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Re: cross tables in reports?
Stanley A. Klein
Re: cross tables in reports?
Sat, 02 Nov 2002 10:47:11
I took a look at the links on the R homepage and found something called
RSPython that appears to provide interfaces both ways, i.e., R called from
Python and Python called from R. It looks like you need to know something
about the objects involved, so it's an interface that needs to be
programmed for specific purposes.
The easiest way for GNUe to quickly do an interface (if desired) would be
to write files using Reports in a format that can be read by R, use the
Python to R interface to send R commands to read the input files and
perform various functions, and then write the output from R to a file that
could either be printed or imported to a database. It could also be done
directly using the databases via the database interfaces that Gontran
I would tend to try to do the Python-to-R calls through something that is
user-definable and not a basic part of the GNUe system. That means R does
not become a GNUe basic dependency unless someone wants to do heavy-duty
statistical stuff. If I understand the concept of GNUe triggers and
business logic (and I might not :-), I think trigger or business logic code
would be the place to put the R interface, importing as necessary the
approriate components from RSPython.
Of course, one simple option is to write the Reports output and then call
up R separately to do the analysis.
BTW, there appears to be work ongoing on GUI interfaces for R, but it
doesn't seem to be very far along. It might be nice to let the R folks
know that GNUe might be a good candidate for that.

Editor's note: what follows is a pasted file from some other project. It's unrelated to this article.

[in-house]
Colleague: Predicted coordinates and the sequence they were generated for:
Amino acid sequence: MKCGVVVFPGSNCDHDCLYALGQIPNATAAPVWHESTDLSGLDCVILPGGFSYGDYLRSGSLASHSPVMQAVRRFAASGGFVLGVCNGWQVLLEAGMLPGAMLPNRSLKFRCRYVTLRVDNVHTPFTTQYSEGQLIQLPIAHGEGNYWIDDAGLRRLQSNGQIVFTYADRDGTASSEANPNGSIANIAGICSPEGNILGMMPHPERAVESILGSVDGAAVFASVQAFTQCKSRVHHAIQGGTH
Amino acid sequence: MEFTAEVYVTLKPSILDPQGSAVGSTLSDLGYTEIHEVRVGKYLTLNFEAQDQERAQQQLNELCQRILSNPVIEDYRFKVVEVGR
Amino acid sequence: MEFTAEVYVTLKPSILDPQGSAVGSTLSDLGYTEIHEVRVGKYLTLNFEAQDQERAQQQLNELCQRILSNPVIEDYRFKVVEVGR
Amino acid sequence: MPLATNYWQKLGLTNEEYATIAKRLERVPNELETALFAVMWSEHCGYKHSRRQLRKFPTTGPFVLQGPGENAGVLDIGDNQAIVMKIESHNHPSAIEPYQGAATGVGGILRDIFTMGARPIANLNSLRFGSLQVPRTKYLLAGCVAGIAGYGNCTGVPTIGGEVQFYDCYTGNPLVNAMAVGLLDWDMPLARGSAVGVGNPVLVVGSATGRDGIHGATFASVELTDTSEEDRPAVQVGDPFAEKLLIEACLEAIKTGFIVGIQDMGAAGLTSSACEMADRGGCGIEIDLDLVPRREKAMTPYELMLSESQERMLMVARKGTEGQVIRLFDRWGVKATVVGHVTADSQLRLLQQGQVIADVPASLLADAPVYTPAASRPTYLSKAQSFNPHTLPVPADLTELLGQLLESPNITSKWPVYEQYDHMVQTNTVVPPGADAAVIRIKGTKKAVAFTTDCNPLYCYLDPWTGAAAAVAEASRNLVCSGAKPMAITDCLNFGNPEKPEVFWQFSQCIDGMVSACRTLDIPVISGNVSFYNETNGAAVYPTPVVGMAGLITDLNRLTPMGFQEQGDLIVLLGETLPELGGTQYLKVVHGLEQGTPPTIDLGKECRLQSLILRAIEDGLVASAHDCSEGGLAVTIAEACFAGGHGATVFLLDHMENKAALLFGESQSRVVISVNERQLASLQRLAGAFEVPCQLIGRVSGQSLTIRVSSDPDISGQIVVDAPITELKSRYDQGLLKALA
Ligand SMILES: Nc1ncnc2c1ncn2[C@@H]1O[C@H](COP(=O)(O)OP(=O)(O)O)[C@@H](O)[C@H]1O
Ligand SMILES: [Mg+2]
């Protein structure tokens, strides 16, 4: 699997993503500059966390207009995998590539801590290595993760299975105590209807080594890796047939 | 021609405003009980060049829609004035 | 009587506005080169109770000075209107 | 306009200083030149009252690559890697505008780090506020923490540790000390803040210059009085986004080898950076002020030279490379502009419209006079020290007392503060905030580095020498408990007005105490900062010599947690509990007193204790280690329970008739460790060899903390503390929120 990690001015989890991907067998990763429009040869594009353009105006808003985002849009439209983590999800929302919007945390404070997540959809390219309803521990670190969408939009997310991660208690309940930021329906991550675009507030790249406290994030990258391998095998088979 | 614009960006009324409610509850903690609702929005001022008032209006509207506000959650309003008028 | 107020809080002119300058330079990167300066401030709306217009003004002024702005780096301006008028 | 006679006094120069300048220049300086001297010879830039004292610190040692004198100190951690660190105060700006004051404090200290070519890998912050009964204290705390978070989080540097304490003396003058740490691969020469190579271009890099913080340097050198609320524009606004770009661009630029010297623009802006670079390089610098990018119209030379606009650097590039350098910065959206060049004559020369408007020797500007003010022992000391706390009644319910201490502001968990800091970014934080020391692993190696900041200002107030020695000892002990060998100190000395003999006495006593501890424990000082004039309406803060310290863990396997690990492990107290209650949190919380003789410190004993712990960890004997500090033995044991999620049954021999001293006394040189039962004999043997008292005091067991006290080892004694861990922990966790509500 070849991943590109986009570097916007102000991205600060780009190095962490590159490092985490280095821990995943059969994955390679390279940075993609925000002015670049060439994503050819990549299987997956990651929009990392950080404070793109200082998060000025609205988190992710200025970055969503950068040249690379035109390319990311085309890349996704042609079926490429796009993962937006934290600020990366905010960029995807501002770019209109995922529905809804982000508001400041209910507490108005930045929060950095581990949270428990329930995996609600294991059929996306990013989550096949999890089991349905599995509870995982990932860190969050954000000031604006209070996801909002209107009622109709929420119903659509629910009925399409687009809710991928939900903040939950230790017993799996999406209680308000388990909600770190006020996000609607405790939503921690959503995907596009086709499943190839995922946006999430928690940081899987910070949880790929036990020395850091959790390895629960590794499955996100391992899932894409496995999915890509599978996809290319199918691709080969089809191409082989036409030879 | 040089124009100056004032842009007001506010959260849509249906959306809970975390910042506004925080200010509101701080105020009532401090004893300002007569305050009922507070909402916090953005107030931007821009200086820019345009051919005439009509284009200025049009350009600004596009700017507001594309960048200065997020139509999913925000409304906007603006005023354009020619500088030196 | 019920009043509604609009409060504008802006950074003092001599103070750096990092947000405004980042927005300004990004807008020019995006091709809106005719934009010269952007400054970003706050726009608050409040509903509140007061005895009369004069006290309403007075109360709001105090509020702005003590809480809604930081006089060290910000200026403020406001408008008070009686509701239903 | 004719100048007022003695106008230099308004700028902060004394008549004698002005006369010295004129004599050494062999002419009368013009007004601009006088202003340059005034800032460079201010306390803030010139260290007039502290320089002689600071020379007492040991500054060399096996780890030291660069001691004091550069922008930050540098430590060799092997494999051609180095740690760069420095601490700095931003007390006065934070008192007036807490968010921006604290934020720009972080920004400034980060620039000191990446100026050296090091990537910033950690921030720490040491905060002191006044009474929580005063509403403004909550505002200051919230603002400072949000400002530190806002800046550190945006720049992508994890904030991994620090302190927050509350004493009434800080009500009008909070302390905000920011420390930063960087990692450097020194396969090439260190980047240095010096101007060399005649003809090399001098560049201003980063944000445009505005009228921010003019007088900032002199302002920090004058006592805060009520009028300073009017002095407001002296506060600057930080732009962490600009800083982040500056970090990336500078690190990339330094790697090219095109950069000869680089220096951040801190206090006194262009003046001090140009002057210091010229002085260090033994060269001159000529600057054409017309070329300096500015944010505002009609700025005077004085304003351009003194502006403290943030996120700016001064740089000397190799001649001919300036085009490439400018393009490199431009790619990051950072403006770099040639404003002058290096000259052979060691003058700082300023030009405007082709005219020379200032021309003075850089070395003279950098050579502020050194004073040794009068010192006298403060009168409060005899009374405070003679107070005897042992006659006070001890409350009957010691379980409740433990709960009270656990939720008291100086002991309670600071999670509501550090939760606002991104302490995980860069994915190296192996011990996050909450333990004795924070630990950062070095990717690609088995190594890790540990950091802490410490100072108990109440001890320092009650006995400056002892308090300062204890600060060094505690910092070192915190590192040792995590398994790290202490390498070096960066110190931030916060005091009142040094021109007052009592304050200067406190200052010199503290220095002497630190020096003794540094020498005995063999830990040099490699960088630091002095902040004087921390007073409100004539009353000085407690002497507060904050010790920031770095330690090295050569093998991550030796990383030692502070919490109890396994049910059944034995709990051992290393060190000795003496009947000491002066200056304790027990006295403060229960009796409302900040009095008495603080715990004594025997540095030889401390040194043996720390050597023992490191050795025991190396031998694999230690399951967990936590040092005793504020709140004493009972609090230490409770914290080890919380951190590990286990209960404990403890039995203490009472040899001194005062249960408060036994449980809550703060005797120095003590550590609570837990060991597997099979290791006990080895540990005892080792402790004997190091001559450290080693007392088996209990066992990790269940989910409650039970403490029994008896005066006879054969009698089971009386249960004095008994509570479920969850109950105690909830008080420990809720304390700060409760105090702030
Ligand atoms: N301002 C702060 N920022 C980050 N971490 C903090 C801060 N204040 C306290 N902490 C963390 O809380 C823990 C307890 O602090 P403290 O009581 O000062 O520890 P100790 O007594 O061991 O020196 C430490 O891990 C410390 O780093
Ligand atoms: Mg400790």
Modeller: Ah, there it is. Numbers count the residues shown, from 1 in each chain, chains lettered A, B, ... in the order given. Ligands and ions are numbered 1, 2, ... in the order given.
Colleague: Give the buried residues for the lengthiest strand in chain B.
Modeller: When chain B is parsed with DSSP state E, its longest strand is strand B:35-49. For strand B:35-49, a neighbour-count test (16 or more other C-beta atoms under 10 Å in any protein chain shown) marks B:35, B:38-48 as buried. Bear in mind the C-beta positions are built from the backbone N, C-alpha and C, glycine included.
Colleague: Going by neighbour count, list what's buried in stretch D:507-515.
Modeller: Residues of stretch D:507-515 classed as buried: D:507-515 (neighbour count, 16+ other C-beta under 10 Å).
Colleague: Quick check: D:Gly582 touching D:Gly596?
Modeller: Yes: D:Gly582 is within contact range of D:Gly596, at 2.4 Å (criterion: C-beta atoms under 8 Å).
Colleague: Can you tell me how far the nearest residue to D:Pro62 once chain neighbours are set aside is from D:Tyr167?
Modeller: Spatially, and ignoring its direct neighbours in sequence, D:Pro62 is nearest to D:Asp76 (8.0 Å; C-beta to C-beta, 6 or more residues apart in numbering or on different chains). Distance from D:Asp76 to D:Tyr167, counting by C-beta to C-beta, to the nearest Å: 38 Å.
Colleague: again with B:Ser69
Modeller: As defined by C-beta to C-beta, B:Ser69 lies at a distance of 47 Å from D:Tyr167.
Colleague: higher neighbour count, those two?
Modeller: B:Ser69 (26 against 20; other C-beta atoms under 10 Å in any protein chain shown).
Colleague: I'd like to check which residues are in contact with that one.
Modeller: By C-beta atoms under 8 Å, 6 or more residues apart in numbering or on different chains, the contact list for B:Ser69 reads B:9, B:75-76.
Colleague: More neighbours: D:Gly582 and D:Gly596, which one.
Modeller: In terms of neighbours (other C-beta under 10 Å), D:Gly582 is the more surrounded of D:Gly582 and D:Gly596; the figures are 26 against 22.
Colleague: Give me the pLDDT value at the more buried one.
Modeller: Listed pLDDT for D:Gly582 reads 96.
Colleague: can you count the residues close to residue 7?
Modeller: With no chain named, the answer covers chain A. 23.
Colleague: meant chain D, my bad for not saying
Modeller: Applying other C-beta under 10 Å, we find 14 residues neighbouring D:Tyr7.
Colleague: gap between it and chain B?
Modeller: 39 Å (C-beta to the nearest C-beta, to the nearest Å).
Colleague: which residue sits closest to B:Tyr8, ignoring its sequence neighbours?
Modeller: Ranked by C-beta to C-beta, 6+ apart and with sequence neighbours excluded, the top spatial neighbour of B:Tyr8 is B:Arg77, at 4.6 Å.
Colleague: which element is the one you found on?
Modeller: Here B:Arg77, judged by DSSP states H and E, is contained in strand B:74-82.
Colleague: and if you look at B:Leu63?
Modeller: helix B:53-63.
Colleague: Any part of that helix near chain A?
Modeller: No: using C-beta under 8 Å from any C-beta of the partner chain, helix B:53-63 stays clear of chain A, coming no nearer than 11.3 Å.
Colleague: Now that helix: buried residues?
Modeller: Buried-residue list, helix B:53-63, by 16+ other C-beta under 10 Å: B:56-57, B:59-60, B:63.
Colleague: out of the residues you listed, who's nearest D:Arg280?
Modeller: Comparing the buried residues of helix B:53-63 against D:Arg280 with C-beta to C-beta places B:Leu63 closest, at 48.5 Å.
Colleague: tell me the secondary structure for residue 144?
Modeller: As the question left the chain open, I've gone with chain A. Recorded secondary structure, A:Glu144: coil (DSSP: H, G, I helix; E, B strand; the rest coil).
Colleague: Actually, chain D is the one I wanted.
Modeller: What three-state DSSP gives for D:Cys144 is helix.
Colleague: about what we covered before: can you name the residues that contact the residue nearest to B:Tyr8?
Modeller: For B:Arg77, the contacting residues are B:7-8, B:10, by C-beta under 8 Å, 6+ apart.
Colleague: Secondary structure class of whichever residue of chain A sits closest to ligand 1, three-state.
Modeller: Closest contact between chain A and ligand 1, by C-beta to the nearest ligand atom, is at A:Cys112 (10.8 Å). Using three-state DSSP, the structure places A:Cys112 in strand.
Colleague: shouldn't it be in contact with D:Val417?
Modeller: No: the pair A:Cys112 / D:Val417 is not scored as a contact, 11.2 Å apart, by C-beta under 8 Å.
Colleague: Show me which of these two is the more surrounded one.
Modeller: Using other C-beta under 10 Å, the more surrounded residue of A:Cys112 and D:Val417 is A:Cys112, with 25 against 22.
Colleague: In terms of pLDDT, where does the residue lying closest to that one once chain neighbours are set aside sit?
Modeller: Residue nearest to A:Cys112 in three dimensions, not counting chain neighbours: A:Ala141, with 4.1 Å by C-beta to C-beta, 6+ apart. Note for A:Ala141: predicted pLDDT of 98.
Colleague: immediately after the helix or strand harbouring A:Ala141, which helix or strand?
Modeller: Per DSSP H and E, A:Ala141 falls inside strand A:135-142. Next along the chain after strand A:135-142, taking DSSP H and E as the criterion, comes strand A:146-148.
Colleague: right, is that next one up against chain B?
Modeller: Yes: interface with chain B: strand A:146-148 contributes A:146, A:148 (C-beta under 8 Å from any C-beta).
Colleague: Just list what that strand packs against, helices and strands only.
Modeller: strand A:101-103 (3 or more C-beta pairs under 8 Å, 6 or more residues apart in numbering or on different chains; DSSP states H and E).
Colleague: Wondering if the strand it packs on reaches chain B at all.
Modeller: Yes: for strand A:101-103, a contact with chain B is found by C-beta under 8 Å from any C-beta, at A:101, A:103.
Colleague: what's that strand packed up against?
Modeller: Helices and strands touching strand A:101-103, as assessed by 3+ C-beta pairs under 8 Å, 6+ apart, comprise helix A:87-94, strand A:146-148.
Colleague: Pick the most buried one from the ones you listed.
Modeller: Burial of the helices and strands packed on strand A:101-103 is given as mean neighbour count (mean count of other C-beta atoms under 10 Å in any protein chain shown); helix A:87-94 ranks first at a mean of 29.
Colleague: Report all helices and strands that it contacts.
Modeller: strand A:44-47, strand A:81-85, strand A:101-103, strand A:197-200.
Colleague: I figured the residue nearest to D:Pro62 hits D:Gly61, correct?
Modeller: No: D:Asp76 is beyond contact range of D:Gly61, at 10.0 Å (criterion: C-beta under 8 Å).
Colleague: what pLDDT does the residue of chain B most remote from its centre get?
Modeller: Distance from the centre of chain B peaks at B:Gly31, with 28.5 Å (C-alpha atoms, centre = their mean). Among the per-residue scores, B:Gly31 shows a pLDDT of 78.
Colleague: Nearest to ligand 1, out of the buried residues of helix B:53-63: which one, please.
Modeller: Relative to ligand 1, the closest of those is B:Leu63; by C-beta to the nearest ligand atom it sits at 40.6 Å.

Also, in terms of "wacky statistics thingees" there are lots of them that
might be of interest to a business strategic planner or market researcher.
It's good to know that there is a top quality statistics package available
as free software.
At 06:36 AM 11/2/2002 -0500, Gontran Zepeda <address@hidden> wrote:
>It so happens I have spent part of the past couple weeks hacking up a kludgey
>perl *cough* package that interacts with R by providing simple routines to
>reliably manipulate input and output to R which is executed via system calls.
>So after seeing Stanley's post about how to specifically go about pivoting
>data in R I thought I'd pipe up.
>First, R is difficult to work with in that it's syntax is, I guess, very
>similar to S and quite un-gnu like (hard to figure out how to do simple
>things from within R). However, R is excellent for statistics.
>Second, R doesn't have a python API that I'm aware of. There is however an
>API for using python from _within R_ at http://www.omegahat.org, which is
>something I guess, but rather seems the wrong direction. Most extension of R
>seems to be unsurprisingly R-centric.
>What R _does_ have (thanks again apparently to the guys at omegahat) is a DBI
>type interface. That's right kids, get data from mysql, postgresql or plain
>flat files into your analysis space directly from R. I've used this with
>success from within my R wrapper package.
>An improved version of this wrapper in implemented in python could be done,
>but I believe that providing number analysis facilities through R should be
>optional at best (yet another dependency). On the other hand, there's the
>power of R.
>Doesn't jamest have pivot tables working anyway? Are there other wacky
>statistics thingees that need to be done that R could do conveniently?